Raise a Glass to Celebrate Michigan Wine Month!
There is a holiday for just about anything, but this one is well deserved – especially these days. May is MICHIGAN Wine Month…a time to pop a cork and pour a glass of locally made wine from one of the state’s nearly 150 wineries.
According to The History of Michigan Wines: 150 Years of Winemaking along the Great Lakes (American Palate – July 1, 2010) by Sharon Kegerreis and Lorri Hathaway with the foreward by the late, great David Braganini of St. Julian Winery, Michigan’s vibrant wine industry was ignited by Joseph Sterling who cultivated vineyards along the shores of Lake Erie in the 1800s.
St. Julian is recognized as the longest-operating winery in the state, originating in Windsor, Canada in 1921 during Prohibition when Mariano Meconi began the winery at the age of 26 years. When Prohibition was repealed in 1933, Meconi moved the business across the river to Detroit before finally settling in Paw Paw in 1936 where operations remain today (along with tasting rooms around the state). The state’s second oldest winery, Warner Vineyards, was founded in 1938 and is located a stone’s throw from St. Julian.
The Paw Paw area isn’t far from the Lake Michigan Shore AVA (American Viticultural Area), the largest of five federally-recognized such areas in Michigan:
- Fennville AVA (Established in 1981) — 75,000 acres
- Leelanau Peninsula AVA (Established in 1982) — 75,000 acres
- Lake Michigan Shore AVA (Established in 1983, Amended in 1987) — 1,280,000 acres
- Old Mission Peninsula AVA (Established in 1987) — 19,200 acres
- Tip of the Mitt AVA – Petoskey Area (Established in 2016)
In most cases, these wine regions are tied to promotional wine regions – groups that work collectively to market tourism efforts regionally. These include:
- Traverse Wine Coast
- Leelanau Peninsula Wine Trail
- Wineries of Old Mission Peninsula
- Petoskey Wine Region
- Lake Michigan Shore Wine Trail
- Southeast Michigan Pioneer Wine Trail
According to the Michigan Ag Council, grapes (for both juice and wine) are big part of the state’s overall $104 billion agricultural industry. Current data (2016) shows:
- Michigan utilized 93,400 tons of grapes for production of wine and juice;
- Michigan has 13,100 acres of vines, ranking #8 in the nation;
- 3,050 Michigan acres are devoted exclusively to wine grapes, ranking #8 in the nation;
- Michigan has more than 120 commercial wineries, producing more than 1.4 million gallons of wine annually (the Michigan Craft Beverage Council notes as of 2017, that is actually 2.75 million gallons);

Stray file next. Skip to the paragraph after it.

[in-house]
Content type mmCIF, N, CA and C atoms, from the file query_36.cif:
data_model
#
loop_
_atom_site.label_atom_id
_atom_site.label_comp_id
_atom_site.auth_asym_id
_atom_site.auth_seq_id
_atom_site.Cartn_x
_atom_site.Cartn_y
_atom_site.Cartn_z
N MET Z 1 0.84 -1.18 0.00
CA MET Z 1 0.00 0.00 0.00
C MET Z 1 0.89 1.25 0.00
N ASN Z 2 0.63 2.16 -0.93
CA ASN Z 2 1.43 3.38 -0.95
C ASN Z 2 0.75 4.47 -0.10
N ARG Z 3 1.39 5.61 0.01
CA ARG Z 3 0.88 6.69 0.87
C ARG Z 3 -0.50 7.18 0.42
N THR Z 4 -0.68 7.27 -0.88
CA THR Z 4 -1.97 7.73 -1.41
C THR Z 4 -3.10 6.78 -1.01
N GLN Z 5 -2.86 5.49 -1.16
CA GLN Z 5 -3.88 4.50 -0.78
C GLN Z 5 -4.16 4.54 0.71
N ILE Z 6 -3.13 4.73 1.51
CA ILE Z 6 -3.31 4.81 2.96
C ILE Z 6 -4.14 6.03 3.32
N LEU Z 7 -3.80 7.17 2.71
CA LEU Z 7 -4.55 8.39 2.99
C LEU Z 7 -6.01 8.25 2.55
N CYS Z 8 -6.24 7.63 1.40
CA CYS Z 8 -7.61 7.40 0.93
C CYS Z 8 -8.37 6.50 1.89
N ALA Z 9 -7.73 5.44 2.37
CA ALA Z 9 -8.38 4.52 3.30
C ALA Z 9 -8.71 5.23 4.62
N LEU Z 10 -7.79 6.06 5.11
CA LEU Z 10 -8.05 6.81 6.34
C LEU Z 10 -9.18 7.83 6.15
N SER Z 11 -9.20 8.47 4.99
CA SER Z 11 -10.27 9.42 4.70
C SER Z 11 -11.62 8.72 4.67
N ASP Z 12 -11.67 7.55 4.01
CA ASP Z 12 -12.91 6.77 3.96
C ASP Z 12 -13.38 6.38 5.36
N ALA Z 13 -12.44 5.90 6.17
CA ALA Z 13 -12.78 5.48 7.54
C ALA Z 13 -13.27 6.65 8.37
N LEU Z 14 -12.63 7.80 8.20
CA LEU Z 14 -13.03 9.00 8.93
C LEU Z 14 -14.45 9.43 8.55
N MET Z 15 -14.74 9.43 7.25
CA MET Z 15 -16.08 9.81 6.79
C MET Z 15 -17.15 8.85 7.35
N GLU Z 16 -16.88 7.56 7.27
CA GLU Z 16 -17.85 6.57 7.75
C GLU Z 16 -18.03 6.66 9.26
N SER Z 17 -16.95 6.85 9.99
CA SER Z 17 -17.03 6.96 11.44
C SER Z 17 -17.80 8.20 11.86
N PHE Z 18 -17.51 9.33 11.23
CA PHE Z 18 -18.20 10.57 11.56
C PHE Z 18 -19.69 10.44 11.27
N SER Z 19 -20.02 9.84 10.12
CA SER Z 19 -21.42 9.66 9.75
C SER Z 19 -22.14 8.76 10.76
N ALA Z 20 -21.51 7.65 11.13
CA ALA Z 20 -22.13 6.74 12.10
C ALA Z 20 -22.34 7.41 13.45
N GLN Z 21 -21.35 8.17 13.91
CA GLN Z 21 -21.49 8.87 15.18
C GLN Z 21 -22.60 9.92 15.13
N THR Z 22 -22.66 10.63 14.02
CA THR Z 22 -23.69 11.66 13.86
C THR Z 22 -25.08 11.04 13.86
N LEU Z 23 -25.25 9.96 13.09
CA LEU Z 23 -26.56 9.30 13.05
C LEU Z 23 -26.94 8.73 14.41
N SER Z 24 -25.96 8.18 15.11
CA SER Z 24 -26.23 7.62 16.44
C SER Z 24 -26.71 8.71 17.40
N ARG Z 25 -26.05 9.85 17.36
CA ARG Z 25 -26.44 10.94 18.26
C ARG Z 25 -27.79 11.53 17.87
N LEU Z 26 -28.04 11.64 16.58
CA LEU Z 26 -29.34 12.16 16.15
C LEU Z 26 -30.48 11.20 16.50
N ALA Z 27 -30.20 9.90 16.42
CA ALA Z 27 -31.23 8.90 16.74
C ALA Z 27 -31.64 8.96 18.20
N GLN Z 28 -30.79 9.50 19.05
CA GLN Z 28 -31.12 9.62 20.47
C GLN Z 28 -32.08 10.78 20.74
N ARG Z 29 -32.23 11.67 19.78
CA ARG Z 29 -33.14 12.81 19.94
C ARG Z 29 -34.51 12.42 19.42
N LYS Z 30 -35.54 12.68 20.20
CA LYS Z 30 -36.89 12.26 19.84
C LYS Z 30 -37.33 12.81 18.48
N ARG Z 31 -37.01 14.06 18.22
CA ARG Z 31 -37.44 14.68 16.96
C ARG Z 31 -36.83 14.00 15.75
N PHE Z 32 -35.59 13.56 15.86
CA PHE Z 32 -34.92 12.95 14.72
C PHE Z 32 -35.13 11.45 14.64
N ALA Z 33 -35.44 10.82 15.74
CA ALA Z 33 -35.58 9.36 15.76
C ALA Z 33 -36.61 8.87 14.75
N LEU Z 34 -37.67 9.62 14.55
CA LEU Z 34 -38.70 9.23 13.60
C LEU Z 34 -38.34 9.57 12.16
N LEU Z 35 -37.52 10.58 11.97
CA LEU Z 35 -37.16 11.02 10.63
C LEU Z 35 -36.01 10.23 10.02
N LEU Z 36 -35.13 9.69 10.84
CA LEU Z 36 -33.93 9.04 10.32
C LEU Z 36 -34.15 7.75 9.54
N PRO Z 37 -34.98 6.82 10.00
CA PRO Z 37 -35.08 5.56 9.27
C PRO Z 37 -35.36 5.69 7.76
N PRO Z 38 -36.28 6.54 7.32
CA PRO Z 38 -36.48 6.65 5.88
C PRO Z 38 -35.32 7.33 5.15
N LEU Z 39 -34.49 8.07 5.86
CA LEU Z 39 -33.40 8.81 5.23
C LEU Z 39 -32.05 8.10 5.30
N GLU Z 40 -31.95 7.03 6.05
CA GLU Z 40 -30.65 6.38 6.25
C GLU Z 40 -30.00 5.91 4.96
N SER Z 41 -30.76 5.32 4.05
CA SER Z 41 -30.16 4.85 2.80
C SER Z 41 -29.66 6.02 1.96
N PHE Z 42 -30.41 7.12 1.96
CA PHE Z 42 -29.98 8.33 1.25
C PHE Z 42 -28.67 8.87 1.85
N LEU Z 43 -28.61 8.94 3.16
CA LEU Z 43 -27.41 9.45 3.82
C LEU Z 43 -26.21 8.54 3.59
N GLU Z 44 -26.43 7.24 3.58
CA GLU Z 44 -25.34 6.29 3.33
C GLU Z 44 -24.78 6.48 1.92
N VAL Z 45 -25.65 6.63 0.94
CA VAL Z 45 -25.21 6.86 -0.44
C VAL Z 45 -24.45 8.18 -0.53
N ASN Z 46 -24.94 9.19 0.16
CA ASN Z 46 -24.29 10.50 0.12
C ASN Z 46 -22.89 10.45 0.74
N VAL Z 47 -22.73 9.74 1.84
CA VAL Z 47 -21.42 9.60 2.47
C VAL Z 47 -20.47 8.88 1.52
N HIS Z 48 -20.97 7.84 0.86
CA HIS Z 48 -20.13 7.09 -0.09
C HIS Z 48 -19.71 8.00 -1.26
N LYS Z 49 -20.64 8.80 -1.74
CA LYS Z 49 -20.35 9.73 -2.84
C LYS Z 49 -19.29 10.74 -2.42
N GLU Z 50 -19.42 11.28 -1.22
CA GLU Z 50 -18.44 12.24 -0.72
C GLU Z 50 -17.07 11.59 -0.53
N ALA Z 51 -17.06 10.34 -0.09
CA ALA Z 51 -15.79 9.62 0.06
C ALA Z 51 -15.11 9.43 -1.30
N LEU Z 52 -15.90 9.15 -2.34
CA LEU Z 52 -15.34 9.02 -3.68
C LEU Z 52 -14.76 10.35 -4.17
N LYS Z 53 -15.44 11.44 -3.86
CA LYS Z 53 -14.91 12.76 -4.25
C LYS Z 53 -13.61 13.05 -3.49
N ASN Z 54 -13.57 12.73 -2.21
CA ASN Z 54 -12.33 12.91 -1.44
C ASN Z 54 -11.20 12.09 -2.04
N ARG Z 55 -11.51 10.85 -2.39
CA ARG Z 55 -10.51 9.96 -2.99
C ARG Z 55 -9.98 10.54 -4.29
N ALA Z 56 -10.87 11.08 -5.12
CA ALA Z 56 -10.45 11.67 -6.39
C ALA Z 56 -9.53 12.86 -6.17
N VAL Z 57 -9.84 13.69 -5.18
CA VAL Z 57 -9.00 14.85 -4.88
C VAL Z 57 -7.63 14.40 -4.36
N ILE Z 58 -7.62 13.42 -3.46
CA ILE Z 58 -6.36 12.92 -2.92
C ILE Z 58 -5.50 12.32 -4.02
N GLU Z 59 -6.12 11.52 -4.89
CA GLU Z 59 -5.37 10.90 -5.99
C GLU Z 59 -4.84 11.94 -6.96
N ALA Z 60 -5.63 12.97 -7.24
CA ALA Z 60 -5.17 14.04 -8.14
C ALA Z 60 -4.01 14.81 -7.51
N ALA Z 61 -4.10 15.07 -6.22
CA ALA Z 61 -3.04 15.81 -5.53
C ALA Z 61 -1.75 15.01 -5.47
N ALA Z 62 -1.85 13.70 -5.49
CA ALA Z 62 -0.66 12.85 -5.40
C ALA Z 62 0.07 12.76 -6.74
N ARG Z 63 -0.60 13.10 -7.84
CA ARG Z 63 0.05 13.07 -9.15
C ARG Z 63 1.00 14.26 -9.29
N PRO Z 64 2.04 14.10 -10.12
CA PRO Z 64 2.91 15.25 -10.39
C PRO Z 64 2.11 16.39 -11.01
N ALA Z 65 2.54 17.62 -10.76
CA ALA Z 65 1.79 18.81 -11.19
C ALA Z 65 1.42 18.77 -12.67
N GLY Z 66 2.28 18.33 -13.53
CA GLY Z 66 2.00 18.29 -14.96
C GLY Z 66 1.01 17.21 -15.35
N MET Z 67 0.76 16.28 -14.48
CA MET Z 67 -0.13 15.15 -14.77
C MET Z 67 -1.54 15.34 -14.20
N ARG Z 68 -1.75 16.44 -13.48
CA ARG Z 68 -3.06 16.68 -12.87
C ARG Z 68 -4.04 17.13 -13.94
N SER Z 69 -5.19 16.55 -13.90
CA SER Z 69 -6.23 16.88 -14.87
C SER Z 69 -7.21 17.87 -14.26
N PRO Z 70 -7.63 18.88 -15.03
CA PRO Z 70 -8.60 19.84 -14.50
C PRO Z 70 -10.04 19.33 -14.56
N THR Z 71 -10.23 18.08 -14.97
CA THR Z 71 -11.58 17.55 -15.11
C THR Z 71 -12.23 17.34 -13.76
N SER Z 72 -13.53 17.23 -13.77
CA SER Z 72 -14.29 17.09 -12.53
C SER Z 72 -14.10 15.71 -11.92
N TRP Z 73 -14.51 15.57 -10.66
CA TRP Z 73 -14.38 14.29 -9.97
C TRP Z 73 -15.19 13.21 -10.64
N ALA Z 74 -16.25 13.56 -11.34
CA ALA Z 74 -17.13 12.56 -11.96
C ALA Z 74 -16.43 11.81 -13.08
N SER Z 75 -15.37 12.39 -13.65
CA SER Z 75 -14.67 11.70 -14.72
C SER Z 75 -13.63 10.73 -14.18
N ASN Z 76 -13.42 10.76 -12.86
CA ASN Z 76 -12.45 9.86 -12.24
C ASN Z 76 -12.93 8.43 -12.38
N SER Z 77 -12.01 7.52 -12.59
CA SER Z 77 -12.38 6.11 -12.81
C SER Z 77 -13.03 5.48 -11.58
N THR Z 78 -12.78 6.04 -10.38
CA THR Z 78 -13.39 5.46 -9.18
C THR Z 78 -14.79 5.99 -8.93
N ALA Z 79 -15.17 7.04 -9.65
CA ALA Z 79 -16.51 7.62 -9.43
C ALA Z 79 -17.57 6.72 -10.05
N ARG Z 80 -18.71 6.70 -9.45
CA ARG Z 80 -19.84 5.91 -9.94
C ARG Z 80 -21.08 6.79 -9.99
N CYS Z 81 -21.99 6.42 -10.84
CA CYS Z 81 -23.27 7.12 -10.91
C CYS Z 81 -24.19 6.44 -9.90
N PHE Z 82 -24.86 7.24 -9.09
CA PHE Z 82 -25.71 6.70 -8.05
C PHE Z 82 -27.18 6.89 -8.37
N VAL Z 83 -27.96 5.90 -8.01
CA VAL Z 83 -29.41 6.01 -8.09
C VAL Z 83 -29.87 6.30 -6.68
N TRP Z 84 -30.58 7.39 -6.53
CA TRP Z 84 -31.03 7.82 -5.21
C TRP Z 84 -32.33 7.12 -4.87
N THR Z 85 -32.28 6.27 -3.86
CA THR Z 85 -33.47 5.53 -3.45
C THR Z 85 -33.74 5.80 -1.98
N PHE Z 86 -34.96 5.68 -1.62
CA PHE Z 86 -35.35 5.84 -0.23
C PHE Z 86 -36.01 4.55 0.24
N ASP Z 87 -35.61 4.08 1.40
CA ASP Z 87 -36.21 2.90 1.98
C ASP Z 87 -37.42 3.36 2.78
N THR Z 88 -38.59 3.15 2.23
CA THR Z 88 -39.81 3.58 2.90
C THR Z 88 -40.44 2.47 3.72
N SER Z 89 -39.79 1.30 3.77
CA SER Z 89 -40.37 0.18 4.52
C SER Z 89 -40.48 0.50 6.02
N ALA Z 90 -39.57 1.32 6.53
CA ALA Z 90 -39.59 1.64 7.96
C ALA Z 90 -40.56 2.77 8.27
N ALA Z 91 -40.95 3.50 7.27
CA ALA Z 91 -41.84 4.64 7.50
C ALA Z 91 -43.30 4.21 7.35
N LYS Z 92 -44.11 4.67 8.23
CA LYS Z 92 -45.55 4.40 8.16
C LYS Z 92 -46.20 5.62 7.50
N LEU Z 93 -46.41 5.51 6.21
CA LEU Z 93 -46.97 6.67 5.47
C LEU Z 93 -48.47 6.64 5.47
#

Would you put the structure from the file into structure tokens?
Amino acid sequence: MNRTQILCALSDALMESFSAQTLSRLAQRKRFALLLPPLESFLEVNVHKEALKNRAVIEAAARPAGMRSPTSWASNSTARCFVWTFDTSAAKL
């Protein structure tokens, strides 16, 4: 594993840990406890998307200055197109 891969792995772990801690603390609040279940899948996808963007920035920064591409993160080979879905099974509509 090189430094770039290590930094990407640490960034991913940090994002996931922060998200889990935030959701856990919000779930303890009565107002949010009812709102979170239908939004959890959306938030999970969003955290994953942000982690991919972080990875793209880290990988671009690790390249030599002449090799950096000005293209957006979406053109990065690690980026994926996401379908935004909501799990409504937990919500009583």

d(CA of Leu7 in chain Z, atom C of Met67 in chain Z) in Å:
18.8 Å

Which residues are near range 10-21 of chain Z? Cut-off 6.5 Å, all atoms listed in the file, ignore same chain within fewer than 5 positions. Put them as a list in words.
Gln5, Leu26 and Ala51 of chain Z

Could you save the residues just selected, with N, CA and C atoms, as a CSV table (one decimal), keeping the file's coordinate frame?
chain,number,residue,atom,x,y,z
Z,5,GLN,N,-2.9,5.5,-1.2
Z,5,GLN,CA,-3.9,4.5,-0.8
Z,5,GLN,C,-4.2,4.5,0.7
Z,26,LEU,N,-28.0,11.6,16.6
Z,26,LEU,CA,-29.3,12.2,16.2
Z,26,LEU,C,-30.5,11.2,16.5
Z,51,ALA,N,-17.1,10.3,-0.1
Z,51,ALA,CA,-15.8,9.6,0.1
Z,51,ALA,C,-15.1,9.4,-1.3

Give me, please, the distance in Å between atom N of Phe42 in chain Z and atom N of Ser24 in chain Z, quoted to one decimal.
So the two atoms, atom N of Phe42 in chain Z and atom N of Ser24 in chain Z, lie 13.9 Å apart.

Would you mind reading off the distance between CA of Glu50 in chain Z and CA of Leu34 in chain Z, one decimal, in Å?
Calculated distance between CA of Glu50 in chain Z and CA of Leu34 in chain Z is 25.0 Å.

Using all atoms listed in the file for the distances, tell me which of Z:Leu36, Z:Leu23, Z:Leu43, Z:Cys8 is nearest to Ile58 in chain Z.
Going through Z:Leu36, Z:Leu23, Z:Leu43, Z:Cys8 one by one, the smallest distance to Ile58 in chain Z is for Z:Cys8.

- Michigan wineries make many varieties of wine, including red, white and specialty wine like ice wine, sparkling, fortified, fruit wine and brandies;
- Concord and Niagara grapes are grown primarily in the southwest part of the state and are used for juice production.
The economic impact of wine is $5.4 billion, and the industry provides over 47,000 jobs and pays out more than $1.8 billion in wages. Each year, 1.7 million people visit the tasting rooms spending more than $252.7 million on wine experiences and purchases.
Except this year, of course, when numbers sadly will be significantly lower.
The Pandemic of 2020 means tasting rooms around the state are closed for now and who knows what May will bring when (or if) the current “Stay Home, Stay Safe” order expires this month. Yet, despite the lockdown for on-site visits, Michigan wineries are finding innovating ways to connect with consumers. Many are offering “Virtual Tastings” or other entertaining or educational online programs.
Most wineries are also offering shipment of their wine throughout Michigan. And of course, you can still grab a bottle and even cans of your favorite wines at retail outlets like Meijer, Kroger and community bottle shops around the state. Even restaurants are offering bottles to go with their curbside food pick-up. Food retail shops, specifically those that sell things like cheese, are also jumping on board with online meet-ups that pair their selections with local wines.
Not quite the same as jumping in a bus with your friends and taking a day-long winery tour, but…it’s better than nothing in times like these wouldn’t you agree. And, someday…the tours will resume, the doors will open, the wine will flow and all will be right with the world. Until then, grab a bottle and a glass, put on a hat if you must and log online and join your fellow wine lovers online for a digital experience in celebration of Michigan Wine Month!